The Quest for the Sapphire Stone (Daring Do #1)

by BookeCypher

Chapter 1: Foreword

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Few stories in the history of contemporary Equestrian literature have managed to achieve the level of success and acclaim, as the venerated Daring Do series.

First published fifty years ago, the adventures of the intrepid archeologist's pegasus across the world have captured the imaginations of ponies and non-ponies alike with little regard for age. Its stories have become one of the most widely translated documents in history and its characters a part of the public consciousness. It, almost single hoofed, defined a genre. For its publisher, Polo House, it has become a franchise juggernaut and spawned countless adaptations, versions and most notably spin-offs. From Twilight Velvet's critically acclaimed and award-winning Nachtlicht Saga to A.K. Yearling's 'Tenochtitlan Cycle' – the only spin-off series to even approach the success of the original books, to the point that they are often referred to as simply 'the Yearling Canon'.

The question is though – why are they so popular?

Some ponies attribute it the period in which they are set – the years just after the Third Griffon-Diamond Dog War, a time when Equestria as a nation had yet to settle into its modern stance of careful neutrality, when the sight of non-ponies was a more regular occurrence in the cities of the land. Others attribute it to the varied locales – the depths Hayan jungles, the remote Himineighen Mountains, the far-off plains of the Marengetti. Of course, some argue that none of it matters without the characters that many of us have now grown up knowing. Daring Do and her brother Darrin or her sister Derring, Storm Talon – possibly the single most famous griffon in all of Equestria – Ghoul S. Dachshund, Bravado, and of course Ahuizotl among others. All arguments have their good points, and in a sense all are right. But what might be the greatest attribute of the stories is how they treat the reader. They do not coddle them, they do not shield them from anything. Perhaps that is why they prove so popular among the younger readers – they remain accessible to them, but do not treat them like children. It gives them a real story to be pulled into. As for the older readers – well, adults are only foal's grown up, as the saying goes.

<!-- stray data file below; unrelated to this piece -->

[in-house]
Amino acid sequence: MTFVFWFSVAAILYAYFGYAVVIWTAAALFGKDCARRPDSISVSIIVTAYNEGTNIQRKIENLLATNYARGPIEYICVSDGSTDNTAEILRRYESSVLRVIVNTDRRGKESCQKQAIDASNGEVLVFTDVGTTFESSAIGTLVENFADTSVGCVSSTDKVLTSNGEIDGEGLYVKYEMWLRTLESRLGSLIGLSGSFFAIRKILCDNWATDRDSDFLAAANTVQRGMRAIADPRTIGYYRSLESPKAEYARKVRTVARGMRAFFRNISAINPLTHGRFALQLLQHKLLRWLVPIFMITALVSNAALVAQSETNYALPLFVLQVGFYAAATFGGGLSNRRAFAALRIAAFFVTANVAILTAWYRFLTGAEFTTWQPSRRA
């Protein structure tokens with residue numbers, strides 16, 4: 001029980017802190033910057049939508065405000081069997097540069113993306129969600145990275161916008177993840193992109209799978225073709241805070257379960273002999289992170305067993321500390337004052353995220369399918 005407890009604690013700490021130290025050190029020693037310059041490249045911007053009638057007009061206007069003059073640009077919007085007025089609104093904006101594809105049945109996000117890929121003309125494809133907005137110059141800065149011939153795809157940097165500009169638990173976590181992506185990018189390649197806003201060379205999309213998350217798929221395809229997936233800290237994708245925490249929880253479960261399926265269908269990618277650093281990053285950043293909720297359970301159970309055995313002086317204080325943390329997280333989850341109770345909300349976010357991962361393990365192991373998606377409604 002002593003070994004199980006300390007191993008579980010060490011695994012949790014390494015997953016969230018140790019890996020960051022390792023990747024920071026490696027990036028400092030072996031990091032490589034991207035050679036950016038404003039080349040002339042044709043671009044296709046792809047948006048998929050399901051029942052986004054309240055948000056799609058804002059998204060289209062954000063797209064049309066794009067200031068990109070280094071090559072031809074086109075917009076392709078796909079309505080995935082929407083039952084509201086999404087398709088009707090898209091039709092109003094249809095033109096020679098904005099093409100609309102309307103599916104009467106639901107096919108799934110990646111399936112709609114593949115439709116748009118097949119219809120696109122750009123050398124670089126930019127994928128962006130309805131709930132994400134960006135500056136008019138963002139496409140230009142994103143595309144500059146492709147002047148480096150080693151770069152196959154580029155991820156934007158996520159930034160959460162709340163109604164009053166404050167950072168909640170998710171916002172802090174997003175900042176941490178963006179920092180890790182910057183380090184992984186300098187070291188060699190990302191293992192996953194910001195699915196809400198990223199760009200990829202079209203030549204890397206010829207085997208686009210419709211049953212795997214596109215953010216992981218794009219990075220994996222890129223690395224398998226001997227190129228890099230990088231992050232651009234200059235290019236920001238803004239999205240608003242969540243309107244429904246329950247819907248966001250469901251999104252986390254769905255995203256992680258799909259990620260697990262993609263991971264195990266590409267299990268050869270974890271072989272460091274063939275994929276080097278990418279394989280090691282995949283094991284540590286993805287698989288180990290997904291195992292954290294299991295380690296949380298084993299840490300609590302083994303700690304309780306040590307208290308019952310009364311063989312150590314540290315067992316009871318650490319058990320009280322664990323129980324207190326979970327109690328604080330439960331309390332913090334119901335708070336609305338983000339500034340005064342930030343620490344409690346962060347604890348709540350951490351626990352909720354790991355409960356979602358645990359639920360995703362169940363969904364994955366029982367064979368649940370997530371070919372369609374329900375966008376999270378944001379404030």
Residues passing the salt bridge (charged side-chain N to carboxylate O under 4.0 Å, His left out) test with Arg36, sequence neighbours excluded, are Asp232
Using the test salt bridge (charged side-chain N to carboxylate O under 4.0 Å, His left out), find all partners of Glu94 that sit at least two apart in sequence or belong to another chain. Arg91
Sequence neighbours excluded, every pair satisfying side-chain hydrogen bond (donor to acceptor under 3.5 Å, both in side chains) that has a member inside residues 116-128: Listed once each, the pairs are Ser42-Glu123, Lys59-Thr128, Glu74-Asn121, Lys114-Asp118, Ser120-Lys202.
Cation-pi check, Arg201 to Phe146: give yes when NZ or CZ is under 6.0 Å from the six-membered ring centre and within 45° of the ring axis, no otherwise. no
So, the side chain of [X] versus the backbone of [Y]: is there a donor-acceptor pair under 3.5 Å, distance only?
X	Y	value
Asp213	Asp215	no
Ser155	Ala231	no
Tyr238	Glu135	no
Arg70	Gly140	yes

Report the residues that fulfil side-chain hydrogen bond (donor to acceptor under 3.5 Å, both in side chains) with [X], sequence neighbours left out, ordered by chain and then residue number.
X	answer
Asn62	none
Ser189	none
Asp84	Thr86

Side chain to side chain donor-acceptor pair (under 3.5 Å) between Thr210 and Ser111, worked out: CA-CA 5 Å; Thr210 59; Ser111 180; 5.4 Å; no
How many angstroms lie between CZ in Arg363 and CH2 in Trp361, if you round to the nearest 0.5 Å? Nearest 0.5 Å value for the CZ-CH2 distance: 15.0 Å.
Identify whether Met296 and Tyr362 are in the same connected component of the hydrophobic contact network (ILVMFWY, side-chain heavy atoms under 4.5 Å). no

Of course, every great series has to start somewhere. For Daring Do, that starting point has always been the quest for the Sapphire Stone. Often retold, regularly rewritten and rarely told the same way twice, The Sapphire Stone has become something of a traditional starting point for many of the side series. It is the single most often re-imagined entry in the series, with numerous authors changing protagonists, settings, perspectives and styles, but each telling their own version of the story. But one author has yet to reimagine it – Teal Roper themselves.

Possibly one of the greatest mysteries in all of literature – if not Equestria – is that of the creator of Daring Do. Named for the rope used to bind the first few manuscripts, discussion of his or her true identity is a common pass time among fans and theories are numerous – some suggest that she is Celestia, or Luna. Or Nightmare Moon. Others suggest that she's a griffon. A common theory these days is that the name is simply passed down and that Roper is in fact multiple ponies – a handy way to explain still writing after half a century. Whoever they are, it seems that they are in a reflective mood. The story you now have in front of you arrived at Polo House with a simple note – a plain piece of paper with one sentence on it and a signature;

'Once more, from the top – Teal Roper'

Despite being a rewrite, much remains the same from the original version – including many of its most oft cited shortcomings. But, many would argue, these are as much part of the story as the plot and the characters. And this is not to say nothing has been changed. Along with the most common edits from prior versions being included, some of the more out-dated terminology has been updated, and attempts to improve the story's flow are apparent. Deciding how successful these changes are is an exercise left to the readers.

So, with that, I shall leave the reader to his reading. For some it will be a return to familiar ground. For others, the first steps into a new world. To the latter I simply say welcome.

- Booke Cypher, Editor, Polo House Publishing

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